Her head started to vibrate just after that, slow and subtle at first, and then faster, as Oberlin locked in on the resonant frequency and began to vibrate her to death. It almost instantly became harder to think, harder to do anything, and Amaryllis knew that she was about to die, was probably seconds away from it. She turned the immobility plate on, locking herself in place, but that did nothing for the vibration. She used still magic on her own head, holding her skull in place against the vibration, but that was a stopgap measure, and even more than the immobility plate, she was pinning herself down. The worst part was that Oberlin didn’t have to come closer at all, this power was something that he could use around a corner, which meant that her ability to fight back with the meager tools at her disposal was gone. Vibration mages were limited by what they held in reserve, if she could just hold out —

The vibration let up, all at once, and Amaryllis stood up, shouldering her stolen rifle. Whatever had happened to the dagger, it hadn’t returned to her hand. She waited, listening to silent footsteps, aiming at the doorway. She was a mediocre vibration mage, barely able to do anything with the power, with a pitifully small pool of breath, but she tried to enhance her hearing anyway, which only made the footsteps sound more like death.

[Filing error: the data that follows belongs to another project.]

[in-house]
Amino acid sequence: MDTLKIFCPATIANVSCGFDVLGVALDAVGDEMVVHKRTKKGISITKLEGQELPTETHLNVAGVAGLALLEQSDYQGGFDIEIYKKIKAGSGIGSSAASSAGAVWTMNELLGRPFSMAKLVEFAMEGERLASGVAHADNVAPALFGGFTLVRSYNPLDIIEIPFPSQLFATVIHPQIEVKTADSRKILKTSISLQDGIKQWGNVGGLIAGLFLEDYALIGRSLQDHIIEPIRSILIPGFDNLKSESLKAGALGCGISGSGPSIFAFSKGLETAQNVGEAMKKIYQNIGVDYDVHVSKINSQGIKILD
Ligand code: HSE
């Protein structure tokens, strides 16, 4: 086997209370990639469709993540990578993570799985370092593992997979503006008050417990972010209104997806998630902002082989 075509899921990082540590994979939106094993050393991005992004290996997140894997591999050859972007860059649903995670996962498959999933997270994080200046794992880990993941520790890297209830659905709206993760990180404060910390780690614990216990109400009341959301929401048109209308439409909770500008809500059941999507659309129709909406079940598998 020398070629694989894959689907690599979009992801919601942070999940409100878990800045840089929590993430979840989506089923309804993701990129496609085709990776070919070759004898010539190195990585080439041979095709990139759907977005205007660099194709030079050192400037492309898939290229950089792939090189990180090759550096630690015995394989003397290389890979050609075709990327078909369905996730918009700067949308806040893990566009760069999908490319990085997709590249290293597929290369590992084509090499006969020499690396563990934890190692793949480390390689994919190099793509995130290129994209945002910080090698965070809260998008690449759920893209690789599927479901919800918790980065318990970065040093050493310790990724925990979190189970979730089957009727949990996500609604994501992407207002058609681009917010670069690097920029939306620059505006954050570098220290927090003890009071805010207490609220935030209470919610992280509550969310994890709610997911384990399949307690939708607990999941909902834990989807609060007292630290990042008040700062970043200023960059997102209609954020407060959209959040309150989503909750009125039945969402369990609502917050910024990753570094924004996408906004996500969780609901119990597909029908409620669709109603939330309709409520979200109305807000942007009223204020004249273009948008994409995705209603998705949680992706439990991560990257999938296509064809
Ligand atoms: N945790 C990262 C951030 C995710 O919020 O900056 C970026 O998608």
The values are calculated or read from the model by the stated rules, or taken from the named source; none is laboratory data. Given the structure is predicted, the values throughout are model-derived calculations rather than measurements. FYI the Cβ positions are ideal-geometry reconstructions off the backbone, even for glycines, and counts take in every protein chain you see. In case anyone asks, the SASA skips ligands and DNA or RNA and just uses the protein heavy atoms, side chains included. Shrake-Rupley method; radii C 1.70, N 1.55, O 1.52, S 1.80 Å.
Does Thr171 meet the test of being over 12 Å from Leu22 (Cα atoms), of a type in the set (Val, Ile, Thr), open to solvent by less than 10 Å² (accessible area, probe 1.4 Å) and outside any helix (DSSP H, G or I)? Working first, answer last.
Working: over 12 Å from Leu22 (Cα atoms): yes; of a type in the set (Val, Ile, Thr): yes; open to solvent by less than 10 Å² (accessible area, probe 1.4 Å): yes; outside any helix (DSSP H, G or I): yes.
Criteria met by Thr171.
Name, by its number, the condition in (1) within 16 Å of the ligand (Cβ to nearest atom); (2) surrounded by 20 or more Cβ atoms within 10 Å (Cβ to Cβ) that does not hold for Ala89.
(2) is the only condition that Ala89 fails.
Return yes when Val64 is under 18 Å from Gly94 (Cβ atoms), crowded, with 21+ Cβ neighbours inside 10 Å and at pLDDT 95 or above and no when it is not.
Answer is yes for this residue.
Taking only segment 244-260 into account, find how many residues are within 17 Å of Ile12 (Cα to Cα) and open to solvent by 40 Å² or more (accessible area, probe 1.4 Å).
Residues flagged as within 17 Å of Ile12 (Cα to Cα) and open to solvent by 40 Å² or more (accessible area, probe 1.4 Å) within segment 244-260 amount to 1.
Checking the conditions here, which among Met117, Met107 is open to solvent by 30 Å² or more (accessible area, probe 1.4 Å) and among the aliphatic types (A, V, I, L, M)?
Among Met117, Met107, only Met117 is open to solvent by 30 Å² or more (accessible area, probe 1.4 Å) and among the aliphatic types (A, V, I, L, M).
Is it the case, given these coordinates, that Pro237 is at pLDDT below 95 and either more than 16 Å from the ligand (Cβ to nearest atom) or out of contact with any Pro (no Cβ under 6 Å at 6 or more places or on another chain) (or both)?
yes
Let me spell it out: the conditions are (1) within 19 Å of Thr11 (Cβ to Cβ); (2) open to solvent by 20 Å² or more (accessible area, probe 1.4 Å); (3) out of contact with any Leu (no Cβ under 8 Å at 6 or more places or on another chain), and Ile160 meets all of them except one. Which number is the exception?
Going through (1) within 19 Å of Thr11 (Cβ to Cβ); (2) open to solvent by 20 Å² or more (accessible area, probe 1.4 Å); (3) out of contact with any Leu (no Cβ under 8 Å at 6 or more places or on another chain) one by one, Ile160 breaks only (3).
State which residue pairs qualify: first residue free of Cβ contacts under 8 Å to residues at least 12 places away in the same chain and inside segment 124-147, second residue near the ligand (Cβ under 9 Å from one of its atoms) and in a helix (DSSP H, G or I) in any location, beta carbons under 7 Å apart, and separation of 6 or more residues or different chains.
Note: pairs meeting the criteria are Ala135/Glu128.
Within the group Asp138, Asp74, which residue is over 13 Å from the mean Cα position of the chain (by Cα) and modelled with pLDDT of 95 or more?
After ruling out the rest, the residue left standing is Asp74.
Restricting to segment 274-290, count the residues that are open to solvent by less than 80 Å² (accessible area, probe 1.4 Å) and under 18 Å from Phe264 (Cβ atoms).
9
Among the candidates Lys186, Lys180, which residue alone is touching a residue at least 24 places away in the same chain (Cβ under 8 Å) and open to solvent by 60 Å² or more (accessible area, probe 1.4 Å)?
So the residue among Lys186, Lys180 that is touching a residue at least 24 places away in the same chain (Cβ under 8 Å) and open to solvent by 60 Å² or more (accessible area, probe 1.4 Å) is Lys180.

At the first small hint of something moving past the door frame, she fired her rifle.

The bullet struck Juniper in the head, stopping instantly and then falling. He caught it and looked it over for a moment before looking up at her.

“Nice to see you too,” he said with a widening smile.

“Harold is building up a choir,” said Amaryllis. “Gassing people into an altered state, then taking them over. He’s going to try again.”

“I thought you might be dead,” said Juniper. He was still smiling.

“Focus, Juniper,” said a familiar voice, and Figaro Finch stepped into view. He glanced into the room. “Oh, good, you found Amaryllis. Let’s go.”

“What the fuck is Finch doing here?” asked Amaryllis, staring at the gnome.

“Saving the world,” said Finch as he kept moving down the hallway.

“That’s actually not Figaro Finch,” said Juniper. “It’s the idea of Figaro Finch.”

Amaryllis gave him a bewildered look that the helmet hid and stepped out of the room.

“Sorry,” said Juniper. “I’m just really, really happy to see you.”

“It’s fine,” said Amaryllis, though she was finally feeling warmth and relief flowing through her. He was like a giddy puppy sometimes. “What’s the plan?”

“Find Harold,” said Juniper. “Kill or subdue him. Get to work fixing everyone left alive.” He looked backward, to where Oberlin was laid out. “I think he’ll be fine. There are others that won’t.”

“We think Harold is here?” asked Amaryllis. “Physically present?”

“Might be,” said Juniper. He hesitated for a moment and looked like he was going to go for a hug, or to offer her his hand. “Come on, Finch is right, time is wasting.”